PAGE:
Friday, March 09, 2012

7 Quick Takes

And this time there's a theme.

1. Our van died. Completely and utterly. It was leaking coolant from four places. The brakes were worn out. It was time to send this pony to the glue factory. She was twenty-two years old, and had been the most reliable vehicle I've ever owned. And yes, I am personalizing her now. I have never done that before. It must be part of the grieving process.

We sold her for $400 to a junkyard. If I had thought of it, I would have spray-painted her first: "Well done, my good and faithful servant."

2. We cannot afford to buy another vehicle, so we are vanless for a while. We still have the sedan that my husband uses to get to work, but we don't have a vehicle that the entire family will fit into. I called the school board and got my two school kids signed up for bus service, but we had to wait two weeks until the buses were rerouted on March 12.

In the meantime, through friends and neighbors and church folk, we arranged rides. Two weeks of borrowing vehicles or asking for help in other ways. It's a humbling experience, but I'm grateful for all the people who helped us.

 3. The older two kids start riding the school bus on Monday, and they are anxious. They have never ridden the bus before. We live in a sorta seedy neighborhood, and I won't let them wait alone at the bus stop. But I am also terribly absent-minded, and I am afraid of forgetting to meet them or something. Prayers are appreciated.

4. During the school day, the younger two girls and I, like working class people for generations before us, will depend on the city bus system for transportation. I have not been bus-dependent since before the kids were born, so this will be an adventure. AN ADVENTURE, I SAID.

5. I took the money from selling the van and have bought equipment for the kids in our new pedestrian life. A sturdy stroller, raincoats, umbrellas, comfortable sneakers, rainboots and sunglasses. We will be WALKING today, kids! I mentally practice saying this with lots of enthusiasm. AN ADVENTURE, I SAID.

6. This also means that we will need to take the bus to church every Sunday, since not only do WE not have a vehicle big enough for our family, but no one else we know has one either. If we all take the bus together, going to church every Sunday will cost us $18. Have you ever thought about what you would pay to go to church? SEE? I SAID AN ADVENTURE.

7. Some of you live in cities with excellent mass transit and you are wondering what all the fuss is about. I live in Cincinnati. This city does not have excellent mass transit. There have been improvements made recently, and I was excited to see that AT LAST! In March, Metrobus would begin selling fare cards! I would not need to bring exact change every time I rode the bus! I could put money on a fare card and swipe it whenever I rode instead!

So today I took some of my broken-van money and walked up to the Metrobus booth downtown.

"Are you guys selling the rechargeable fare cards yet?"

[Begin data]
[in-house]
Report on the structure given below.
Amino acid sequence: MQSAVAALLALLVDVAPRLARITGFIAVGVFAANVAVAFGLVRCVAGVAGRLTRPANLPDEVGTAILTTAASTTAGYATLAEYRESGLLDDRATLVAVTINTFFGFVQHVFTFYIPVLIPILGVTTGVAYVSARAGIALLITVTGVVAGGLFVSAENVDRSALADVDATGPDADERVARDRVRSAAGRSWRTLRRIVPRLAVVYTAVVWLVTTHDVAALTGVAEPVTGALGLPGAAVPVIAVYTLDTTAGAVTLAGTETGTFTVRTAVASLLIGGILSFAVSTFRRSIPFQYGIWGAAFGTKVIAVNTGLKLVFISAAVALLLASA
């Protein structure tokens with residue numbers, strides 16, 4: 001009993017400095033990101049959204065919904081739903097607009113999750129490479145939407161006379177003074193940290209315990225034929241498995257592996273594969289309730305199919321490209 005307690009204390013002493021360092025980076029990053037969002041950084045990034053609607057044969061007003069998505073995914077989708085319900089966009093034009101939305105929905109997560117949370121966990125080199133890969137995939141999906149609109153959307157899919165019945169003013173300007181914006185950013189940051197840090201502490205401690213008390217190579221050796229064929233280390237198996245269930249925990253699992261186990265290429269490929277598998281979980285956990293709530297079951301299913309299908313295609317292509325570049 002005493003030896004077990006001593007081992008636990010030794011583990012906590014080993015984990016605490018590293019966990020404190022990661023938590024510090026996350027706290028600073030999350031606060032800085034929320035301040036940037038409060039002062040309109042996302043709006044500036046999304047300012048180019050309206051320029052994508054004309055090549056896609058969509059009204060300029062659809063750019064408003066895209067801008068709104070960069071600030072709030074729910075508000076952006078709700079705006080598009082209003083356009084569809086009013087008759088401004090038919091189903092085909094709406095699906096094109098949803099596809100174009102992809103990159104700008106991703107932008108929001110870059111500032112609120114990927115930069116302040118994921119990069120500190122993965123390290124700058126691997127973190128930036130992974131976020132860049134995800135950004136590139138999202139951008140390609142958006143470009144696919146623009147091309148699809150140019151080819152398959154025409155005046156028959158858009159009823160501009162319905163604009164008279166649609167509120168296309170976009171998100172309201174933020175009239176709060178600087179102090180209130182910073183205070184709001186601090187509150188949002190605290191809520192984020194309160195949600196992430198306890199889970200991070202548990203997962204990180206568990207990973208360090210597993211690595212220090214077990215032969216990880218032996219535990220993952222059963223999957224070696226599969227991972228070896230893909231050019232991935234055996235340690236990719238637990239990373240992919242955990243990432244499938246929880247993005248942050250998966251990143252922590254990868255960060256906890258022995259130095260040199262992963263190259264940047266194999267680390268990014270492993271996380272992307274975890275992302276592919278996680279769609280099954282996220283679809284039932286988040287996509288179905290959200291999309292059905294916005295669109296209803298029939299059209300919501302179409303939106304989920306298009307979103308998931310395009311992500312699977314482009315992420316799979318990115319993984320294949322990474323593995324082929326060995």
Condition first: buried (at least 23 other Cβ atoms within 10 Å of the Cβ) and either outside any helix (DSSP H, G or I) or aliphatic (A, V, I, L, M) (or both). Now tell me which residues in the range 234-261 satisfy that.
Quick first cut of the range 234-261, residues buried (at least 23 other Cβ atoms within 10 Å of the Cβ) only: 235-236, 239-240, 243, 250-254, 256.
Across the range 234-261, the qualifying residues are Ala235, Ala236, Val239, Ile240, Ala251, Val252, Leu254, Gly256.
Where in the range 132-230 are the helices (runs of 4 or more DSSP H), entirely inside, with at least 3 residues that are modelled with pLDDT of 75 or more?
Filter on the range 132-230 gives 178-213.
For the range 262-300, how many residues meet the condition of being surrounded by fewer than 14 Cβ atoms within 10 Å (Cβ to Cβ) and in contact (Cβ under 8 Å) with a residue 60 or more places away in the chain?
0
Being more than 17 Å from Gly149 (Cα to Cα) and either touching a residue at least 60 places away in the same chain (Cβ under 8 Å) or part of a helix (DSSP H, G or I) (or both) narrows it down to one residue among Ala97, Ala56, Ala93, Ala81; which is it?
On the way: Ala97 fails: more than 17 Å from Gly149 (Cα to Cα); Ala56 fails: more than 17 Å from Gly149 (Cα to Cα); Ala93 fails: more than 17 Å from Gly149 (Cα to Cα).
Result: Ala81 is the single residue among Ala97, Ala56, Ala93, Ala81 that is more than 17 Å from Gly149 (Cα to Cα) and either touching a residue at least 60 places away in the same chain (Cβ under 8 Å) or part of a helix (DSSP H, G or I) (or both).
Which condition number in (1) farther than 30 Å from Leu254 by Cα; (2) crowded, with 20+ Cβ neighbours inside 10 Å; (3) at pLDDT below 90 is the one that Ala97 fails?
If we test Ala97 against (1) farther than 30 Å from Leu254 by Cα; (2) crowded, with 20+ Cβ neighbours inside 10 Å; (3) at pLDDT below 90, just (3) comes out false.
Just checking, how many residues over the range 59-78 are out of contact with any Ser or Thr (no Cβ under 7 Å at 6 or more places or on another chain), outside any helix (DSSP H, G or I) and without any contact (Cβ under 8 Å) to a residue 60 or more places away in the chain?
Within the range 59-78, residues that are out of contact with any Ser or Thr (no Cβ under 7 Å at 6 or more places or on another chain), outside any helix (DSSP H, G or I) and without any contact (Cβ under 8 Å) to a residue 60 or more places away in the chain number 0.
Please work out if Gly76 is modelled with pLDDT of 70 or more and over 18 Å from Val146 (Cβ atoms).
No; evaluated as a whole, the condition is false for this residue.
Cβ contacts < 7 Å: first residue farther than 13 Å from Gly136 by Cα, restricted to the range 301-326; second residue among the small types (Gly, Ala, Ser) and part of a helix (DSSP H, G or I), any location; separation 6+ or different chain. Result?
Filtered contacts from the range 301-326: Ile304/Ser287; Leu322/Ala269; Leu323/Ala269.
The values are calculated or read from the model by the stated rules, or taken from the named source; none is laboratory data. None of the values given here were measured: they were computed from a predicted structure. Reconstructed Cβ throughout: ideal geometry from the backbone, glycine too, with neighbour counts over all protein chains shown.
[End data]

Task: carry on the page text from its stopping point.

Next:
"No."

"I ask because I looked at the website and it said you'd start selling them in March."

"They're not selling them yet."

"Any idea when they'll start?"

"Whenever they can get the computer interface to work right."

He grinned at me. I grinned at him. It was a grin that said, "Oh? Government-contract, awarded-to-the-lowest-bidder IT work? What could go wrong?"

AN ADVENTURE I SAID.

9 comments:

  1. Good luck with the ADVENTURE! I imagine I would struggle mightily to maintain that attitude for any length of time.

    ReplyDelete
  2. Oy. I didn't even know you had four kids! You're taking all of this remarkably well. I am agog with admiration, agog I say! Wish I could be more helpful than admiring.

    ReplyDelete
  3. I'm still amazed at the 22 years you got from that van!

    ReplyDelete
  4. Sigh. I can relate, although thankfully my city has decent public transportation. And my kids are older. Hang in there, and enjoy your adventure!

    ReplyDelete
  5. Anonymous3/10/2012

    I think that you and your blog are lovely. I also believe that your children will benefit exponentially more from all the adventures they will have with YOU, on the bus, than they would spending the day without you, at a daycare, so you could earn extra money for a new car. :) Children need their mamas.

    ReplyDelete
  6. On the plus side, no more hassling with car seats. And my kids love public transportation. On the downside-- getting anywhere takes sooooooo long. Hang in there as you adjust to the new adventure. :)

    ReplyDelete
  7. All the best on this adventure! I am glad you have the proper gear to get the job done - aside from the fare card. I wonder how much it was costing you to drive to church? $18 seems like, well, um, too much money to go to church. (No offense, church!)
    I also don't let my kids wait alone at the stop -well the almost 13 year old is a different story - but the younger two we walk in the morning & pick up every afternoon. The driver waits for 5 minutes if we aren't there - then moves along and we get a call from dispatch (which has actually happened once due to a problem with my van). They went round the route and our driver brought them back because she is a kind and protective soul - if someone grouchy at times.

    Hoping the kids become industrious little walkers /stroller riders for you!

    ReplyDelete
  8. I got stuck on $400. What a wonderful amount of money for such an old van!

    ADVENTURE it up! When the going gets rough, remember that in a few years it will be a fond, and hopefully funny memory.

    ADVENTURE! Good attitude.

    ReplyDelete
  9. Kris, that's how I felt about the money too. I think we can deduce from this that the GMC vans of the 1990s were so reliable, there are enough of them still around for the parts of this one to be in demand. Maybe. It certainly worked a long time for us.

    ReplyDelete